Safety of Turkish mines questioned after blast kills 41

General view shows Amasra coal mine in the northern Bartin province

General view shows Amasra coal mine in the northern Bartin province© Reuters/CAGLA GURDOGAN

ISTANBUL (Reuters) – Turkey’s main opposition party and an engineering industry body questioned safety protocols on Monday after an explosion at a state-run mine killed 41 workers, stirring memories of the country’s worst mining disaster eight years ago.

The blast on Friday at the Amasra coal mine owned by state-run Turkish Hard Coal Institution (TTK) was the deadliest since a fire at a mine in Soma, western Turkey, in 2014 killed 301 miners and raised similar safety concerns.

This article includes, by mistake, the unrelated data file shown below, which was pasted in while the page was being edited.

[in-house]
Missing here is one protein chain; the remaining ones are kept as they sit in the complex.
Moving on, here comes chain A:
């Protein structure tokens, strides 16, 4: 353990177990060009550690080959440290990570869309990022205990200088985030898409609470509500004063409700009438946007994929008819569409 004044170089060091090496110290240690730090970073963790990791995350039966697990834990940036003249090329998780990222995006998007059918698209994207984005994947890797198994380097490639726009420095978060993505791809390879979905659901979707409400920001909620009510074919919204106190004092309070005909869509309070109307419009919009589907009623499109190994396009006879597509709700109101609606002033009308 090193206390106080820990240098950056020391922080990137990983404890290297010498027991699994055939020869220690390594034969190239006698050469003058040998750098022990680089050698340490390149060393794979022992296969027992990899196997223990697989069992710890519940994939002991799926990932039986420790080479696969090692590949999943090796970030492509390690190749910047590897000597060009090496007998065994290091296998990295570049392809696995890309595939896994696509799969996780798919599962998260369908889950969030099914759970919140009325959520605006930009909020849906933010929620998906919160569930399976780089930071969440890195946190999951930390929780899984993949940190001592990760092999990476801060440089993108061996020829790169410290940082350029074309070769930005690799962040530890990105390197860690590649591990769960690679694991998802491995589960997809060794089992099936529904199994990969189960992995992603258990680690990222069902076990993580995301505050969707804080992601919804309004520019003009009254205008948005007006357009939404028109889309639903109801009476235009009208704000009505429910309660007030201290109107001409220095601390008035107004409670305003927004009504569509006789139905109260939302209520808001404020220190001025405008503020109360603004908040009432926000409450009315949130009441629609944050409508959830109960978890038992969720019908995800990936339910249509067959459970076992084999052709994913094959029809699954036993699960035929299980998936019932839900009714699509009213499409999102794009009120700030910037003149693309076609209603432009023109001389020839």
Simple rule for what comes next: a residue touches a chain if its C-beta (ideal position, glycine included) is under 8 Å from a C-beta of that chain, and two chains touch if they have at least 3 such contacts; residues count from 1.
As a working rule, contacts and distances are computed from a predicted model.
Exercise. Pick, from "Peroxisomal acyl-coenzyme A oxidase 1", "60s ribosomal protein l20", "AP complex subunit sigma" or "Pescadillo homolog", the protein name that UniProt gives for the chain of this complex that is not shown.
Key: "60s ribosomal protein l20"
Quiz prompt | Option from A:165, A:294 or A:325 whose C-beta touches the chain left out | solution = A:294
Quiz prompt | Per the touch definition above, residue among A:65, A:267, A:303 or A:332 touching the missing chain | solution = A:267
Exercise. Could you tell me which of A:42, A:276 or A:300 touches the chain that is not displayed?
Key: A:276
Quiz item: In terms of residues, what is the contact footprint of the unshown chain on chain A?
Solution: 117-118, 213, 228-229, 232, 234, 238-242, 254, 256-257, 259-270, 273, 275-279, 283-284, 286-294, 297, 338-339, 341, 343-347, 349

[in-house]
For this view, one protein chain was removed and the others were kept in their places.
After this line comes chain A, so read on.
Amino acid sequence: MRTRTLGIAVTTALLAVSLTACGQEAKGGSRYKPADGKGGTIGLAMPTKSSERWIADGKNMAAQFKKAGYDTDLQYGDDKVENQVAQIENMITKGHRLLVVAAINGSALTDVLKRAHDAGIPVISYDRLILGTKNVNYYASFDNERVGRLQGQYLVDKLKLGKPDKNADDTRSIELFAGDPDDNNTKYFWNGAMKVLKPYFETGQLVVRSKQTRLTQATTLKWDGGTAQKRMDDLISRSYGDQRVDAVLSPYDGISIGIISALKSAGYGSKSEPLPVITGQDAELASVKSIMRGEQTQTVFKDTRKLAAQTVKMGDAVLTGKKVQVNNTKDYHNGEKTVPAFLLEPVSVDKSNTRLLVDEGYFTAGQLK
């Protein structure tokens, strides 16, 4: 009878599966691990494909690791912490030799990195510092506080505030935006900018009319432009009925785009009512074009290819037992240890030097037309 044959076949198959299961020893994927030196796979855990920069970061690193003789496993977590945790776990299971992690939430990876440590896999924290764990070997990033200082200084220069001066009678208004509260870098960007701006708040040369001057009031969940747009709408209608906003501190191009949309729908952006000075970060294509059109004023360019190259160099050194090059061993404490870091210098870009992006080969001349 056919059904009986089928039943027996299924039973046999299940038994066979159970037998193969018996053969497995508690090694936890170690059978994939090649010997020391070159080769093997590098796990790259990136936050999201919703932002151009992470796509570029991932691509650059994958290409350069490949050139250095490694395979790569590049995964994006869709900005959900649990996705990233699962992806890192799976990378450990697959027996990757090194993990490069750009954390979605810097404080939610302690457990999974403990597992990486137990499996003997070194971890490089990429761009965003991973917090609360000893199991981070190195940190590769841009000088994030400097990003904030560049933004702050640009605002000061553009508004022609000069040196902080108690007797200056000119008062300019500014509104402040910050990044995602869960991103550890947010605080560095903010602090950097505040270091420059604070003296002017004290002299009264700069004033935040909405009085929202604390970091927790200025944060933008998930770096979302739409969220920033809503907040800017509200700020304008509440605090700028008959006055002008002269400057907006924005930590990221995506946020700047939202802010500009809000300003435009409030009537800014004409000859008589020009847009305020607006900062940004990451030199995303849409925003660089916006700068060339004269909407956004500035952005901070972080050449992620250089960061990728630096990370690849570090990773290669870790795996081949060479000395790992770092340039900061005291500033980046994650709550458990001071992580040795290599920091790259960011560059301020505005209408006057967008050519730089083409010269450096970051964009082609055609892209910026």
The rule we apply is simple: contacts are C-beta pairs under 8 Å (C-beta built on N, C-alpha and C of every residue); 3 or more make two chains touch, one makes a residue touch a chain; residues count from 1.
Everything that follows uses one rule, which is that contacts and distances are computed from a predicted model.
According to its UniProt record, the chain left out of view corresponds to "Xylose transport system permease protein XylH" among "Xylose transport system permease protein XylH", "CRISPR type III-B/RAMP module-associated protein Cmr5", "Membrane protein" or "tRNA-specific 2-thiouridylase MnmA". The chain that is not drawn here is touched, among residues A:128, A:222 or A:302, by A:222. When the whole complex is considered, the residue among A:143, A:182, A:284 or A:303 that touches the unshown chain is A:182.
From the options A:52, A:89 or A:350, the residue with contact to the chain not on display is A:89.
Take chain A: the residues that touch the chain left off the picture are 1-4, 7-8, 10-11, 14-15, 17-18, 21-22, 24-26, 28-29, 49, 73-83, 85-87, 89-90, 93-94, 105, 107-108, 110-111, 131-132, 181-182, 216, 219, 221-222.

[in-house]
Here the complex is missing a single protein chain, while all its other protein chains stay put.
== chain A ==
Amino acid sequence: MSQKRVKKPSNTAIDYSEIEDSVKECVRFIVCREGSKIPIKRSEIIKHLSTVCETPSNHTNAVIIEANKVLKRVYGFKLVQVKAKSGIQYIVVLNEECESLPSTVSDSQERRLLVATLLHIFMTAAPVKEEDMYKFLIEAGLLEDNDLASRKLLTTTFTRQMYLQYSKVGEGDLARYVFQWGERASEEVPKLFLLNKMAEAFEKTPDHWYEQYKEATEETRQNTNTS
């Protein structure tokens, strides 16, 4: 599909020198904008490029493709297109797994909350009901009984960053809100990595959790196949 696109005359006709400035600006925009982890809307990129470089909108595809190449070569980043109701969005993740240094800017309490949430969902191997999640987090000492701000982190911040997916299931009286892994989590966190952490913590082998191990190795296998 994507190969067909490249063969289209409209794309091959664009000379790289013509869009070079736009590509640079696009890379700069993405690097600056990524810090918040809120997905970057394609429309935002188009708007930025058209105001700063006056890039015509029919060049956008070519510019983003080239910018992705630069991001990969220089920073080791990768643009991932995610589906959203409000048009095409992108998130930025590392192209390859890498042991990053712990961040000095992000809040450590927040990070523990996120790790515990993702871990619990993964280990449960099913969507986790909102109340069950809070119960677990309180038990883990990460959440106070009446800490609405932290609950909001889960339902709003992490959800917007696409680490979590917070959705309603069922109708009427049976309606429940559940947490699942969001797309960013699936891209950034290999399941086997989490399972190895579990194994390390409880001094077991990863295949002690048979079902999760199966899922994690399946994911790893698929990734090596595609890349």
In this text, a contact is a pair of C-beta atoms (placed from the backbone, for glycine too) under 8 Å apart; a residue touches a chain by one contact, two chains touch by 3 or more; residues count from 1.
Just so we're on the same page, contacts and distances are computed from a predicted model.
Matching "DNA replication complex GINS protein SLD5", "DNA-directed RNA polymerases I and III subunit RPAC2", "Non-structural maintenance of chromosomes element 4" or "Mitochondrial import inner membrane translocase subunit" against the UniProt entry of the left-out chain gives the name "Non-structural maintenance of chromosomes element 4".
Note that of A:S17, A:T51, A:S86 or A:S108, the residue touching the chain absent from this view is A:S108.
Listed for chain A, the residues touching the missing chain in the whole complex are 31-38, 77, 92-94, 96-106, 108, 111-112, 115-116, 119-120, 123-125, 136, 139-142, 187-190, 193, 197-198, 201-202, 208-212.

The opposition Republican People’s Party (CHP) said a report by Turkey’s Court of Accounts, a state audit authority, had warned in 2019 of risks at the mine in Amasra in the northern Black Sea region.

Emin Koramaz, head of the Union of Chambers of Turkish Engineers and Architects, said inspections were not carried out adequately partly because staff numbers had been reduced, cutting qualified personnel.

“Mining accidents in Turkey have become routine,” Koramaz told Reuters. “The main reason… is that mining science is being ignored (and) a lack of technical knowledge and infrastructure”.

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